Justice

“Sorry, We Already Gave to Autism Speaks,” or The Role of Money in Institutional Ableism7 min read

Why autistic people can't get the help they need, and what it would take to change the trajectory for autistic people.

A few years ago, I quit my job as a non-profit development and communications professional to become a full-time mom and autistic activist.  When I first met the team of The Aspergian, I was so excited to fundraise.  I admit, I went in a bit cocky.

My thought process was, “I made a living running social media campaigns, drafting appeals, and planning events.  I worked on successful grants.  Surely, I can put my skills to use to raise funds for #actuallyautistic-lead causes as noble as The Aspergian and NeuroGuides.  Piece of cake!”

Guys, I haven’t raised a single dollar.  Not one.

Of course, I questioned my own abilities first.  Maybe I am the problem?  But I listed my prior experience to explain why, once I calmed down, I wanted to look further.  I have raised money before, after all.  I started talking to members of the disability community and heard things that startled me.  Activists were struggling to get people to turn out for events and meetings.  They were struggling with their budgets.

I was perplexed.  The activists I was speaking with came from a respected national disability advocacy group ADAPT, whose work is respected and recognized.  What was going on here???

It hit me like a ton of bricks: maybe disability activists and I are not the problem; maybe ableism is!  Do non-disabled people prefer to donate to disability organizations lead and run by non-disabled people?  Could THIS be why I was struggling to raise money for the best autistic organization I have ever been a part of?

I, like many autistic people, like to test my theories with empirical evidence.  So I set out to compare budgets between the largest autism organization ran by neurotypical people and the biggest powerhouse that I could find ran by #actuallyautistic people:

Autism Speaks and the Autistic Self Advocacy Network (ASAN)

Autism Speaks is the most prolific autism-centered organization in the United States of America, bombarding society with national advertising campaigns and hundreds of local walks and fundraisers; on the other hand, ASAN is the most well-know, regularly-recommended organization for autistic self-advocacy.  It’s co-founder, Ari Ne’emen, was chosen by President Barack Obama to sit on the National Council on Disability and now works with the ACLU.  I figured that if any group of autistic self-advocates would be able to raise money, ASAN was it.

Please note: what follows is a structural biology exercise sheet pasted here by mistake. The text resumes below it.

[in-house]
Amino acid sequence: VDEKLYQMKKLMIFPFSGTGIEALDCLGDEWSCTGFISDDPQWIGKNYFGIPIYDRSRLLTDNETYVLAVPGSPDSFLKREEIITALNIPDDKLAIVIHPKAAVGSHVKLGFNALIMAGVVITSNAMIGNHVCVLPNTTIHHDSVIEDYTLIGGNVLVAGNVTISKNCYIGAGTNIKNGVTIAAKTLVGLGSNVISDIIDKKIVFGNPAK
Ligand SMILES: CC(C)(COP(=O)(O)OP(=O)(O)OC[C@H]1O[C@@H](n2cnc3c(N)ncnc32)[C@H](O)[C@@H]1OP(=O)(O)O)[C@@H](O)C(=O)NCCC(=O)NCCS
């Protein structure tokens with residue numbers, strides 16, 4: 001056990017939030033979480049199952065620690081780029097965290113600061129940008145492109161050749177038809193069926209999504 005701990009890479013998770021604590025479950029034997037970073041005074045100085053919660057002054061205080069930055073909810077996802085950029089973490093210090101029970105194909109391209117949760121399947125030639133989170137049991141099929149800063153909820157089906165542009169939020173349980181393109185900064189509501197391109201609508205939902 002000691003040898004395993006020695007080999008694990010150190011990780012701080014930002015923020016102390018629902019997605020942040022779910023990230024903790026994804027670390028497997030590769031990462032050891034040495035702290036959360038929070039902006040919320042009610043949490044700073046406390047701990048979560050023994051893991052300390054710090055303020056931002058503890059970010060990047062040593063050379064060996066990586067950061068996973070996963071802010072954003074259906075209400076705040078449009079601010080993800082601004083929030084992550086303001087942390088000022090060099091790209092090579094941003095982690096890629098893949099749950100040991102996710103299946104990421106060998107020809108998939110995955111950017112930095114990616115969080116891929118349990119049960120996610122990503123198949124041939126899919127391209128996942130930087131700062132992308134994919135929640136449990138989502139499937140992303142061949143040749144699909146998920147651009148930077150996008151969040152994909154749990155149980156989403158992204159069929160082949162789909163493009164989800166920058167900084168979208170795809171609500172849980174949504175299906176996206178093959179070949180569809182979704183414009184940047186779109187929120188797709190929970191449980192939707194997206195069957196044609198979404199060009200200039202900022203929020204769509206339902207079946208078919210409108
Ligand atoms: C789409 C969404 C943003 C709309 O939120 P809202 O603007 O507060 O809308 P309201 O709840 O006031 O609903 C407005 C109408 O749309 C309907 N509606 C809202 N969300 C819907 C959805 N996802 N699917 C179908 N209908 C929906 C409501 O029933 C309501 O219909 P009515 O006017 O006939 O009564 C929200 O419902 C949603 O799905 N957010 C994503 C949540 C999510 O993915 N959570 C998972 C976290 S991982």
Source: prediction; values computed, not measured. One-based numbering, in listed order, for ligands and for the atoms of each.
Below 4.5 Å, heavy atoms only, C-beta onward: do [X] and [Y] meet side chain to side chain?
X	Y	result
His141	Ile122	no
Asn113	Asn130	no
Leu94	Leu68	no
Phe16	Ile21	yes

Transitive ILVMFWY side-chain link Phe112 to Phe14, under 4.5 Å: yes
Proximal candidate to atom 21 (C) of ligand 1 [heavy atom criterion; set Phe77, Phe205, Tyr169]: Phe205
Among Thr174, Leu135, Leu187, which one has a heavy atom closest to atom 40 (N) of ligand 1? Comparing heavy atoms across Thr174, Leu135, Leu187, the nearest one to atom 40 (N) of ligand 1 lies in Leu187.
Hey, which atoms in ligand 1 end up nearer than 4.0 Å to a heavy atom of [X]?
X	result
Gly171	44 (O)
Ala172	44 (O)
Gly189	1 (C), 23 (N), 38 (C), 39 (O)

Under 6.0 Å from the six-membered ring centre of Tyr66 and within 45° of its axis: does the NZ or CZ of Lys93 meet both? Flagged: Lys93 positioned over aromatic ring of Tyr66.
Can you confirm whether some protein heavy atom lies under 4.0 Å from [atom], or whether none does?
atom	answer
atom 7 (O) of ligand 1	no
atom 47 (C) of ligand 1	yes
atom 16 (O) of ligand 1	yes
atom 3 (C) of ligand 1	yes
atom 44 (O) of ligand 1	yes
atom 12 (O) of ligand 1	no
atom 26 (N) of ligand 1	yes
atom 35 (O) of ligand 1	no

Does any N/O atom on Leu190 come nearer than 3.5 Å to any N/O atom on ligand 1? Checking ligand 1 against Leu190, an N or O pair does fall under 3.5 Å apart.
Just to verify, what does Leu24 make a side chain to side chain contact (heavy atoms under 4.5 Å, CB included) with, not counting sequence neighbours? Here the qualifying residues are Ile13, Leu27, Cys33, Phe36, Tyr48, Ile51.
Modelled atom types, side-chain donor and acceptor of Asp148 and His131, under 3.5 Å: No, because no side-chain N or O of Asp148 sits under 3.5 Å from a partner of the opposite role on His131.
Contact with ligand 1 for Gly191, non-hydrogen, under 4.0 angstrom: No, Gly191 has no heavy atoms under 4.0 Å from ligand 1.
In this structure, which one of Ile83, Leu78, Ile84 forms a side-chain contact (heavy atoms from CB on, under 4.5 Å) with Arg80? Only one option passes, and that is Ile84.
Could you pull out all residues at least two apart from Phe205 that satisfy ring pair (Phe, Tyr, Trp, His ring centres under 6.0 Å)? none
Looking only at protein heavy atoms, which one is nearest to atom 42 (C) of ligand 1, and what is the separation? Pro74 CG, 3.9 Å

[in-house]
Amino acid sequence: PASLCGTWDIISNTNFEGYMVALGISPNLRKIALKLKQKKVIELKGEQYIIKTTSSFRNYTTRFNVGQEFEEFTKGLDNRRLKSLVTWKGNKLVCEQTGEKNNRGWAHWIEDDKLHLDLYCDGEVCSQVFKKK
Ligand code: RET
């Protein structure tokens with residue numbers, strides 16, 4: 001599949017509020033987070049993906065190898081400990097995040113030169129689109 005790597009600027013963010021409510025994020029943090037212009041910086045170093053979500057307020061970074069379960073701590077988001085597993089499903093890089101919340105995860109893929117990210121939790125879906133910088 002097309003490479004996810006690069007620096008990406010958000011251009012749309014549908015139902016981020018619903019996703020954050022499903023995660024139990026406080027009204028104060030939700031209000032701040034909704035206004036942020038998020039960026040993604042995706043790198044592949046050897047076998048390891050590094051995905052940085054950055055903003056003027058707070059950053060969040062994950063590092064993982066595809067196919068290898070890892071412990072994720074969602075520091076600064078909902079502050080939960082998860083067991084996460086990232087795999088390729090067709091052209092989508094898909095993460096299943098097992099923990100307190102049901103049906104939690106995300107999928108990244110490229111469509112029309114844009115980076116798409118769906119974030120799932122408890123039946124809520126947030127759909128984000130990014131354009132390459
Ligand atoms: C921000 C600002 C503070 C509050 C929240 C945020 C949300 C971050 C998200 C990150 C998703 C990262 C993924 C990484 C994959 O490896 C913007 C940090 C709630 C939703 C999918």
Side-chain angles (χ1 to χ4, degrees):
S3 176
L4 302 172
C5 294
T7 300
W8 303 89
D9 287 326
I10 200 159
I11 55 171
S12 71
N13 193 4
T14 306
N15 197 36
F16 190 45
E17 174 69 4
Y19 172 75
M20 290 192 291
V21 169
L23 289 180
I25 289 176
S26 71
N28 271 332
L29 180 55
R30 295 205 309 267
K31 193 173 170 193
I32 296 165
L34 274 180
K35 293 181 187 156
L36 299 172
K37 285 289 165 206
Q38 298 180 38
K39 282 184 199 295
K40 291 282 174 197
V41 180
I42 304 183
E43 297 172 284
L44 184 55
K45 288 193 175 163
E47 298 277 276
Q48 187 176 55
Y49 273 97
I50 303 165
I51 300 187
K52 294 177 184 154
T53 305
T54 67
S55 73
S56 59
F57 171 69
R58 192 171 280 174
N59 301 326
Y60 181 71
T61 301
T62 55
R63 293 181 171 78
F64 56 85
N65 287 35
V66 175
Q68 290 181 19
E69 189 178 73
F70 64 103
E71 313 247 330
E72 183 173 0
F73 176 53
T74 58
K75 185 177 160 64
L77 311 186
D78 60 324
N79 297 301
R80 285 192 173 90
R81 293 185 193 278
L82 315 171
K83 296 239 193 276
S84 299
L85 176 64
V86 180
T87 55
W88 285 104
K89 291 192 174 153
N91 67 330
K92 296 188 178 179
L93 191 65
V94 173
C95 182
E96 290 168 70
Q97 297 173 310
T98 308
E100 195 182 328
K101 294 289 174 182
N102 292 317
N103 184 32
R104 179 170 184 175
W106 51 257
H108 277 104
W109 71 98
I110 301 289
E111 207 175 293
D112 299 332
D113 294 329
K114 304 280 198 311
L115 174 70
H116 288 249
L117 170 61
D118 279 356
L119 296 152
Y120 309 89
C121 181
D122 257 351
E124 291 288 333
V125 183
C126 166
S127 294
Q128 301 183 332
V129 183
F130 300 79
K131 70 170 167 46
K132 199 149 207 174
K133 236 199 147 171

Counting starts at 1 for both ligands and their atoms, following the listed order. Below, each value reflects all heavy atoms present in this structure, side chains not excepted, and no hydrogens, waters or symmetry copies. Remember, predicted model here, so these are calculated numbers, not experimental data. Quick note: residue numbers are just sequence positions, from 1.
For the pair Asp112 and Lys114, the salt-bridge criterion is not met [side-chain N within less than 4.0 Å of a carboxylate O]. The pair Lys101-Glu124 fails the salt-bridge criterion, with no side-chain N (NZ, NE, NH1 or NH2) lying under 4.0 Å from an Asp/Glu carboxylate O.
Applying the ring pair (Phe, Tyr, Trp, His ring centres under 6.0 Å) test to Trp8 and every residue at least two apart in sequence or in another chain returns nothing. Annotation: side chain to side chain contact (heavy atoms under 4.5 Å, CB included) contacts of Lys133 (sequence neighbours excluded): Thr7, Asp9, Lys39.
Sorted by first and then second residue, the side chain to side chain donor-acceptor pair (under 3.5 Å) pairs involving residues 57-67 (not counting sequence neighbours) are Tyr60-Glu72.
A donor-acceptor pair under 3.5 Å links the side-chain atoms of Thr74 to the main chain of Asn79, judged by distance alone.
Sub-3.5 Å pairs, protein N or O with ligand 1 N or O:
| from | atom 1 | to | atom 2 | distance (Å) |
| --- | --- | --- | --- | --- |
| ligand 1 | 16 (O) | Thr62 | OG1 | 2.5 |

Autism Speaks

Autism Speaks was founded in 2005, and ASAN began in 2006, so the groups have had a similar amount of time to grow.  They are also the two organizations most frequently quoted in the media around issues involving autism.  I chose the year 2017 for my comparison because it was the most recent year that annual reports were available for both organizations.

Spoiler Alert: the results were even more shocking than I had anticipated.

In 2017, Autism Speaks raised 96.8 million dollars.  I know what you are thinking, “A lot of that money is service-based.” I will dispel that myth right now.  Autism Speaks does not have a lot of money because it provides goods and performs services.  It has a lot of money because people GIVE IT a lot of money and other types of donations every day.

“Donated goods and in-kind services” make up $43.1 million of the $96.8 million total.  Donations through the “Walk Program and retail partners” make up $28.4 million.  “Major Gifts, grants, and other contributions” make up $17.9 million, and the final $7.4 million is made from events.  Basically, if Autism Speaks never again received another grant or provided another direct service, don’t kid yourself: it’s doors would remain wide open.

ASAN

ASAN, on the other hand, raised $506,902 in 2017.  Please note, this is not in millions.  Rounding to the nearest dollar, they raised $182,485 in contributions, $157,140 in grants and contracts, and $5,069 in membership dues.  They garnered $55,759 from program events and earned $50,690 in a fee for service capacity.  They gained $45,621 by putting on special events and earned the remaining $10,138 selling books and other ASAN merchandise.

So you get the picture.  To sum this up in one paralyzing statistic, Autism Speaks has 190x the budget of ASAN, our most prolific non-profit run by autistic people.  190 TIMES.

BUDGET COMPARISON
Perspective, for the visual thinkers

I can hear the complaints about my analysis now.  “What if ASAN just isn’t any good at fundraising?  Autism Speaks is PHENOMENAL at it!” I will say this: it is easy to be “phenomenal” at fundraising and branding when your fundraising budget is 9 million dollars, which is what Autism Speaks spent in 2017.  I would actually argue that ASAN are BETTER fundraisers, since their budget for 2017 was $27,314.  Autism Speaks spent 329x the amount on fundraising that ASAN had and are only 190x bigger.  ASAN is doing something right!

advertising-budget
It’s like playing Monopoly with the person who started with a handful of hotels…

The Reality

In the world of non-profit fundraising, money begets money.  More donations will allow an increase in fundraising budget.  More fundraising will result in more money for the non-profit.  Each year, the gap widens more and more.